As the Maya calendar ends, a new cycle of struggle begins with thousands of Zapatistas peacefully and silently occupying town squares across Chiapas.
The Zapatistas are back! Flowing like the water of the river that beats the sword. And while some were anticipating the Christmas holidays, some others the end of the Maya calendar, and others still the new Communiqué from the Comandancia General of the EZLN that was announced back in November, the main cities of Chiapas woke up today with memories of 1994.
New Age freaks around the world may have been gearing up for the end of the world, but it appears that some Mayas had a very different opinion on the matter. They preferred to send us another message: that of the new world they have been building in silence for two decades now.
Since the early hours of the 21st of December 2012, thousands of Zapatistas from the Bases of Support of the EZLN — their faces covered with the legendary Zapatista pasamontañas and paliacates around their necks — started marching in silence, in perfect formation, entering the cities of San Cristóbal de las Casas, Ocosingo, Las Margaritas, Comitan, and Altamirano, and occupying their central squares.
Those were the same squares, in the same cities, they had occupied during the Zapatista uprising on the 1st of January 1994. This time, though, they marched peacefully and in silence, under the heavy rain of the Chiapaneco December and the praise of the citizens of the cities. After a silent march through the towns, the Zapatistas headed back to their communities, equally silent as they appeared.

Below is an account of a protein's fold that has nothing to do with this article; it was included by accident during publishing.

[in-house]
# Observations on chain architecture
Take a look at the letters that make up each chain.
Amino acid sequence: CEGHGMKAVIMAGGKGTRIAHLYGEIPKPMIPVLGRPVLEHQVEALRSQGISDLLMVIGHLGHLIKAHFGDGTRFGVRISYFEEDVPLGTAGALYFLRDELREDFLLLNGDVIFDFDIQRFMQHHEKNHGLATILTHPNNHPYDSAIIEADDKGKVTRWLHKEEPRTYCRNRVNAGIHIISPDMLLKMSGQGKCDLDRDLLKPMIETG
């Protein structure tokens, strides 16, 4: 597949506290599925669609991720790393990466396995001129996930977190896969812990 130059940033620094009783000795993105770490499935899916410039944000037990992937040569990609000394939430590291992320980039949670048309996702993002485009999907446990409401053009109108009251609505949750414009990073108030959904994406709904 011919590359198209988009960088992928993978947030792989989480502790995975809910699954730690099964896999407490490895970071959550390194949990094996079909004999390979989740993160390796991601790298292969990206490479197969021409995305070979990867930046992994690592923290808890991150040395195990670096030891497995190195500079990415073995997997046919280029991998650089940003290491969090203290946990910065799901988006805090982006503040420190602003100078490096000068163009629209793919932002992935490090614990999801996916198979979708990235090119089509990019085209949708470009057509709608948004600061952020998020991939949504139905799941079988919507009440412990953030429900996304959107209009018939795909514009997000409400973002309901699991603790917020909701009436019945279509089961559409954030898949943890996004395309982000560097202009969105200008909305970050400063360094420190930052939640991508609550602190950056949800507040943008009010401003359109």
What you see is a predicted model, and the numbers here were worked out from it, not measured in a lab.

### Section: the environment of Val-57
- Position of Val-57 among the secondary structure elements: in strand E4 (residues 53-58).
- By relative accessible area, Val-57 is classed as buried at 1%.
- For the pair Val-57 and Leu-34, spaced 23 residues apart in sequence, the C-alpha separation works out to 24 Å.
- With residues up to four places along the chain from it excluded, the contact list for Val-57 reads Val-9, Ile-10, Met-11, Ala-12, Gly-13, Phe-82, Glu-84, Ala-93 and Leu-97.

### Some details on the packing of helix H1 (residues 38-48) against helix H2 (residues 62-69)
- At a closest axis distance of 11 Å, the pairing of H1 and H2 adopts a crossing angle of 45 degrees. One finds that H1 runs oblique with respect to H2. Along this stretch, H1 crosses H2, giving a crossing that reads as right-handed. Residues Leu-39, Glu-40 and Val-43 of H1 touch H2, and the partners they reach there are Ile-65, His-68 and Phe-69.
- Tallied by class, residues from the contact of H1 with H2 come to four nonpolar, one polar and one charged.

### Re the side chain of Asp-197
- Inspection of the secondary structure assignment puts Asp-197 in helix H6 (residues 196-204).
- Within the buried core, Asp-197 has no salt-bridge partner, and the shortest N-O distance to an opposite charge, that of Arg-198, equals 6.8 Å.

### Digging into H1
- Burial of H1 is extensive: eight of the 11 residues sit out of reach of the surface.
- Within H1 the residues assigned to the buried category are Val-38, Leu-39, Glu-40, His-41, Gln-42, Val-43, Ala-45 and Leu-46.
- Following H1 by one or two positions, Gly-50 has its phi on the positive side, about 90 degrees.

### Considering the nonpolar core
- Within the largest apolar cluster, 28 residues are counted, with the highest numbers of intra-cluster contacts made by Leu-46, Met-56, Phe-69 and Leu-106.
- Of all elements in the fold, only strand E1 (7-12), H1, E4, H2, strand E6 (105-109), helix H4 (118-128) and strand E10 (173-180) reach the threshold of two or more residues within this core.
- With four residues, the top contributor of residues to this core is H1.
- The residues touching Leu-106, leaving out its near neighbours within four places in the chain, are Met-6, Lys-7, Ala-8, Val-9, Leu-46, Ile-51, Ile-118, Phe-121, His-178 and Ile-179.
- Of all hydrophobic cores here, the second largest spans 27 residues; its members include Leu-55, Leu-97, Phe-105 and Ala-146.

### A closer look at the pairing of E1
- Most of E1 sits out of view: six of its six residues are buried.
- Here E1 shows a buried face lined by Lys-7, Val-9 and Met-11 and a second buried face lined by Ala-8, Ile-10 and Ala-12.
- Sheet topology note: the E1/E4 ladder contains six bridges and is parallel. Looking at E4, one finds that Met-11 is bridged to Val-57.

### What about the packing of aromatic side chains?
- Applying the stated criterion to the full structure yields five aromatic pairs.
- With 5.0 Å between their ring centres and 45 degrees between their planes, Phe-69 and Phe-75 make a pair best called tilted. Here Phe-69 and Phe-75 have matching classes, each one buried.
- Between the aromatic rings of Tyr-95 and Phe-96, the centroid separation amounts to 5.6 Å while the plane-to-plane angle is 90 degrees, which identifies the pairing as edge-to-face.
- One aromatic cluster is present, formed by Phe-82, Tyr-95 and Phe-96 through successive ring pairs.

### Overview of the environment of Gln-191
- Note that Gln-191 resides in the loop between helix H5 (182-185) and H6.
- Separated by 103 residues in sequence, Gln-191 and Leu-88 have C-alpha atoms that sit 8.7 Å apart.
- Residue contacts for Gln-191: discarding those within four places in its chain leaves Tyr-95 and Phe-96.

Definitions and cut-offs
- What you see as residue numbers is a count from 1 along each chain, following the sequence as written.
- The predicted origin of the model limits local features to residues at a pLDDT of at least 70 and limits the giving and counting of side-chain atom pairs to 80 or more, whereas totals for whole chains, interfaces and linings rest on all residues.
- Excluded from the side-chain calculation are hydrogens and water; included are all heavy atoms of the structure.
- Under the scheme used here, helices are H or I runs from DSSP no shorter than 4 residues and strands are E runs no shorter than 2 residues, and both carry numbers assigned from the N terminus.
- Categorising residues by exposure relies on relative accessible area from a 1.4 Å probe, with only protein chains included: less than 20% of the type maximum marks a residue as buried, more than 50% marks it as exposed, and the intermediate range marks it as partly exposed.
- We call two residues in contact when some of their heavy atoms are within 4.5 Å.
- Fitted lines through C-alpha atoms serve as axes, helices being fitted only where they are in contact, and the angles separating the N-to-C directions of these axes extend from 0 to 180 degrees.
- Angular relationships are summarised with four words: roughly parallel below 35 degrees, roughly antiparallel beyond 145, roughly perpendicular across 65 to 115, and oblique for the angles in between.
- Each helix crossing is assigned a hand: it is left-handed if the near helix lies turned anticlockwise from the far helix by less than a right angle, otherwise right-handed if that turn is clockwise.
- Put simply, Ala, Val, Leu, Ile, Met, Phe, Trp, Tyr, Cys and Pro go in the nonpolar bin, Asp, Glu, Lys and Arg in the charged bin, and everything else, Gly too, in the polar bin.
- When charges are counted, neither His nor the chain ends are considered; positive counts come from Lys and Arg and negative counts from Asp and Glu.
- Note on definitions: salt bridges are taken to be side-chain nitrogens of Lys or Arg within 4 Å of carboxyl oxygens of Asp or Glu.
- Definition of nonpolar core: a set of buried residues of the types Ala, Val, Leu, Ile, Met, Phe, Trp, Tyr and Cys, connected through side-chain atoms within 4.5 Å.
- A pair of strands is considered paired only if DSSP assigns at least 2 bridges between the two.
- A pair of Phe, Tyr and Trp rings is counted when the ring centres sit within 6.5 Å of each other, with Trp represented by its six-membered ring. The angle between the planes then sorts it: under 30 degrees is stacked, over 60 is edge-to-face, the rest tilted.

This is the most impressive Zapatista mobilization since May 2011, when — together with the Movement for Peace, Justice, and Dignity of the poet Javier Sicilia — they gathered more than 30.000 people in the central square of San Cristóbal de las Casas in a manifestation against the "War on Drugs" of Felipe Calderon that has already cost Mexico more than 70.000 deaths.
Right now we are expecting the Communiqué of the Comandancia General of the EZLN, but what is certain is that today's impressive silent mobilization is the Zapatistas' response to the increasing repression their communities have been facing from the government and its paramilitaries over the past years, in combination with the return of PRI — the party against which the EZLN initially mobilized in 1994 — to government.
It is also a message to the world: that the Zapatistas are still here, in silence and with patience, like the water of the river that beats the sword…